It has been estimated that each year more than 1 million Americans will be given diagnoses of cancer. The mortality from cancer, however, has decreased, particularly for persons younger than 30 years, but even among those younger than 45 years. Thus, the proportion of patients being cared for with a diagnosis of malignant disease continues to increase as a direct result of improved palliative therapy and a clear increase in the proportion of patients who are fully cured. This latter group has now been shown to have, among other medical problems, an enhanced risk of the development of a secondary malignant neoplasm.1
The past decade has witnessed rapid advances in methods for early detection of cancer: xeromammography, computerized tomographic scanning, ultrasound, and tumor markers are only a few. In addition, of value to cancer prevention is the growing information on the association of carcinogenesis with the use of tobacco,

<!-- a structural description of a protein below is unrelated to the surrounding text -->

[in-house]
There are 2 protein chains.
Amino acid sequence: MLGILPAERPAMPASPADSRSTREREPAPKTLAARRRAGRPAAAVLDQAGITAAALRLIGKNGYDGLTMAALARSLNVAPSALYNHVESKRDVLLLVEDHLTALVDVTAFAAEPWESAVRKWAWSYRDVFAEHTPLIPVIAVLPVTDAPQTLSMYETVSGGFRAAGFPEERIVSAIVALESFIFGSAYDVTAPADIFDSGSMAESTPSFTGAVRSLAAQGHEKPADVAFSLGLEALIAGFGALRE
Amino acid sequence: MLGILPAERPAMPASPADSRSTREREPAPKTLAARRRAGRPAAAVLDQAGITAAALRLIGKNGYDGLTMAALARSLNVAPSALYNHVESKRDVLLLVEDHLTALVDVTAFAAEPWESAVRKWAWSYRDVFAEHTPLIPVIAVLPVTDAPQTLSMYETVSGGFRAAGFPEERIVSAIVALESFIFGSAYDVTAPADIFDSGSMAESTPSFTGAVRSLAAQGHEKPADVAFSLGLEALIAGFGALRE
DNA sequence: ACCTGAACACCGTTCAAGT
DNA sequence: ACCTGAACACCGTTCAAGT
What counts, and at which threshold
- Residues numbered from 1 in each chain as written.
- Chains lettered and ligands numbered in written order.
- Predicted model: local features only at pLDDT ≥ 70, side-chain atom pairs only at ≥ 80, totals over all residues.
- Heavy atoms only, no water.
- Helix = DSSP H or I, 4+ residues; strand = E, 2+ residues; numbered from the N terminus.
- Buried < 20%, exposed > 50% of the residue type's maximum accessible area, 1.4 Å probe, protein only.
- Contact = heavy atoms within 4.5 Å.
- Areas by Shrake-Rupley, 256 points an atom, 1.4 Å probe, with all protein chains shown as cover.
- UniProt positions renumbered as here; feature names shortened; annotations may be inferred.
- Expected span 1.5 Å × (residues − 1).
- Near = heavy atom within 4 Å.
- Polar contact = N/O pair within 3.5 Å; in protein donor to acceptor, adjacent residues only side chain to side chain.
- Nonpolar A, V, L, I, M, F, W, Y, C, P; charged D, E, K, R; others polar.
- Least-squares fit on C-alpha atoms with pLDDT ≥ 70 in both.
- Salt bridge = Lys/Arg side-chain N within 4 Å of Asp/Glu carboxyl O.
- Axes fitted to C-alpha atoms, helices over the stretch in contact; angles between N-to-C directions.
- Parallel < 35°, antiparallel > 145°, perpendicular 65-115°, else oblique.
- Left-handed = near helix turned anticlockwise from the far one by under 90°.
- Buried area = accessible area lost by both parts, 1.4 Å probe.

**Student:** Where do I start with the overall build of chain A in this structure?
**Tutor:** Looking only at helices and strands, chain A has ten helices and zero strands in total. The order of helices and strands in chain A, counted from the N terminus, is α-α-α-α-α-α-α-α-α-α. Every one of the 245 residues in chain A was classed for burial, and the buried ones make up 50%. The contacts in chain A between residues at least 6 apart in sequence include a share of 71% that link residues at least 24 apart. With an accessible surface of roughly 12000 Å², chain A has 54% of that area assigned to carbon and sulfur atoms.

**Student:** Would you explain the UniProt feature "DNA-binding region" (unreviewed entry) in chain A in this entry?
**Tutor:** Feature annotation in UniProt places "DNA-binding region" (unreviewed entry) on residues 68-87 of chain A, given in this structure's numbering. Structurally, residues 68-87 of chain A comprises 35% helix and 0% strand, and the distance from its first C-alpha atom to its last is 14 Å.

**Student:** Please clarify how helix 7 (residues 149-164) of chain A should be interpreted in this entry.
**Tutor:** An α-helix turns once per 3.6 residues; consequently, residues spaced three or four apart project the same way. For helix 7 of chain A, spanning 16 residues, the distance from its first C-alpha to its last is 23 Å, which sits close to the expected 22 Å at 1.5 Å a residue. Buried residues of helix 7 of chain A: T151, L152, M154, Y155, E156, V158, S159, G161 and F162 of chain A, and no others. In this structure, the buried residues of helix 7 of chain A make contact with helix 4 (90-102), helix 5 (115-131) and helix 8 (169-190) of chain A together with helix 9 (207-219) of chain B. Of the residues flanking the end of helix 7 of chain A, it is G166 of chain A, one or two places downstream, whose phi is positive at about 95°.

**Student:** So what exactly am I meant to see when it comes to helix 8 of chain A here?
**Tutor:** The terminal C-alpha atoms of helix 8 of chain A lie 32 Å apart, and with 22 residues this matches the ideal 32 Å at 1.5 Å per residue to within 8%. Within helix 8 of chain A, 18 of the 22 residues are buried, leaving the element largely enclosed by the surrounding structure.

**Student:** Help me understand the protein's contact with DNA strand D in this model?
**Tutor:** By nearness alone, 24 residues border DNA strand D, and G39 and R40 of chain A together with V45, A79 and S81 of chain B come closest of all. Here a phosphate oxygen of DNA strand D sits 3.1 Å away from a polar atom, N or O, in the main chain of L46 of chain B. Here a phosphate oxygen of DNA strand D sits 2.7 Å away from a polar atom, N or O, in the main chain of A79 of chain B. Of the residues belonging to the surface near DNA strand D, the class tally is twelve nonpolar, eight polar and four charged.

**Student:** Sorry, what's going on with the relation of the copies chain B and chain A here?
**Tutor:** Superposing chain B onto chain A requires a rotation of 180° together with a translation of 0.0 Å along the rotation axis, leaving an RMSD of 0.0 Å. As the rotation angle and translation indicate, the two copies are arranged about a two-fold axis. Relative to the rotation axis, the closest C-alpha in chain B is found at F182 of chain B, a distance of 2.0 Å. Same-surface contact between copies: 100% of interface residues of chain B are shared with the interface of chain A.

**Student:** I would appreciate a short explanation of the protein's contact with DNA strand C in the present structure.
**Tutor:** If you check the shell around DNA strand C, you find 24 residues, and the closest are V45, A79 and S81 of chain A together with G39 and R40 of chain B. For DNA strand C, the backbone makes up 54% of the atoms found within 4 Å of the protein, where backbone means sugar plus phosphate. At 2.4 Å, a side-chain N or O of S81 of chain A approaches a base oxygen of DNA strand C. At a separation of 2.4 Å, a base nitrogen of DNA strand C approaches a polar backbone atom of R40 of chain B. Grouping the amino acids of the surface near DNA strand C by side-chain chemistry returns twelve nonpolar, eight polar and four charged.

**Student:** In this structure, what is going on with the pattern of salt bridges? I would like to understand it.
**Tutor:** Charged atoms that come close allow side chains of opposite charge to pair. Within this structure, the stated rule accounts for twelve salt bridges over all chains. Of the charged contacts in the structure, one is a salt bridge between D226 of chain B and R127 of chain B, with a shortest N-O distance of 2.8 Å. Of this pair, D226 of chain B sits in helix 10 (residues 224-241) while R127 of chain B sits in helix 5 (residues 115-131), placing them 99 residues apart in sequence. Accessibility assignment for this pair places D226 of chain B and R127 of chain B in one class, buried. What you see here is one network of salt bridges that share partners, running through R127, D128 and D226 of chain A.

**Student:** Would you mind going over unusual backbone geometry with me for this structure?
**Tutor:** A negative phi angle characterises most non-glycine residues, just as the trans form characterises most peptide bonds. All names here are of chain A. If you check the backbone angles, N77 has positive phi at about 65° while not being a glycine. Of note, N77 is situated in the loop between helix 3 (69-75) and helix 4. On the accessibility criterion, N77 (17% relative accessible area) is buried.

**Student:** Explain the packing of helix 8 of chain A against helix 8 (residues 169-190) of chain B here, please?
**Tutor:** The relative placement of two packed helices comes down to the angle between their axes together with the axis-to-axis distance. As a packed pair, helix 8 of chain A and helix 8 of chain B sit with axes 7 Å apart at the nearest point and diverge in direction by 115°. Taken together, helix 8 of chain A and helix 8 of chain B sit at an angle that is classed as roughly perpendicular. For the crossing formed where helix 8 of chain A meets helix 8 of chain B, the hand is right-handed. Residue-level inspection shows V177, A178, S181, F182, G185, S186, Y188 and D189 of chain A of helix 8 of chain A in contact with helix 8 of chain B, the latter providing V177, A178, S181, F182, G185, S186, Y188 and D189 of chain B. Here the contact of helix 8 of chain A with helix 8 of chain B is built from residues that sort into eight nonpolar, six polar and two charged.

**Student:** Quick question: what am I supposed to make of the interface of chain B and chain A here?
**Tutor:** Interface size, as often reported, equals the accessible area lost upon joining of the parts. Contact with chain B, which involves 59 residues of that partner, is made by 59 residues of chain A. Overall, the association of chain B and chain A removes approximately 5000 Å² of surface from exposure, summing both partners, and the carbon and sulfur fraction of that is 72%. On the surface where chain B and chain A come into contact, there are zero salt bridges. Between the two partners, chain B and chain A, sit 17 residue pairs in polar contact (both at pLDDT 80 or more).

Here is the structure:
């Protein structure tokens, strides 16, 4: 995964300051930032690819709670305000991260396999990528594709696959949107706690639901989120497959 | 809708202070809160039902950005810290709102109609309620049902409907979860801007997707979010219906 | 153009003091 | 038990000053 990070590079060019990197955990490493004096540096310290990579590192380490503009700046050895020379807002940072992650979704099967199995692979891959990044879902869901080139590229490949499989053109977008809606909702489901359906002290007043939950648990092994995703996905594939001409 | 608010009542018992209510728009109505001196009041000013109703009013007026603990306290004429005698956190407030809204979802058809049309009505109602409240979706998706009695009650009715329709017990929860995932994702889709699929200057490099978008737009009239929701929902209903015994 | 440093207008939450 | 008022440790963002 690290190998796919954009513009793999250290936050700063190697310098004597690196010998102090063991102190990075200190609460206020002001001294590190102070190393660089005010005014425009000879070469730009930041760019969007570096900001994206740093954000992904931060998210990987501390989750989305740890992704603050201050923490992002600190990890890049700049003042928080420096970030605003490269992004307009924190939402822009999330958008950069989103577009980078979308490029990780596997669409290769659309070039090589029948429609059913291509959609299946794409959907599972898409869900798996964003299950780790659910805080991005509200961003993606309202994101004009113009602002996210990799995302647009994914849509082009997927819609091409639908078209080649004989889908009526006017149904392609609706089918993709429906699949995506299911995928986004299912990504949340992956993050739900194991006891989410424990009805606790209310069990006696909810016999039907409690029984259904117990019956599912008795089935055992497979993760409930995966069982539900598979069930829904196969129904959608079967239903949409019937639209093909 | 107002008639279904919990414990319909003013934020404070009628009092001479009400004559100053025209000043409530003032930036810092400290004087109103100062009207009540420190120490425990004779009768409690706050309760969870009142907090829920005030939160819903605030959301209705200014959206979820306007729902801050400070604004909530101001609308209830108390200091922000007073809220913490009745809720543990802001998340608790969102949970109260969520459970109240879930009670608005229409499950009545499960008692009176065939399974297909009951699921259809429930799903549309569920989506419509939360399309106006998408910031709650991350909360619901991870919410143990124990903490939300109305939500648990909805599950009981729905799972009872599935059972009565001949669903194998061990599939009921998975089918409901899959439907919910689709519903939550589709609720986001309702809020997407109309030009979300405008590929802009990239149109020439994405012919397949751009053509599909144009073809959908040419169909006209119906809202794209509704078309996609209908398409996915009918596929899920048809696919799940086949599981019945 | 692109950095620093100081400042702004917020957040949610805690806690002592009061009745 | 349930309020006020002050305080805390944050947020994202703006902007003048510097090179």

Freireich EJ. Oncology. JAMA. 1980;243(21):2199–2201. doi:10.1001/jama.1980.03300470059034
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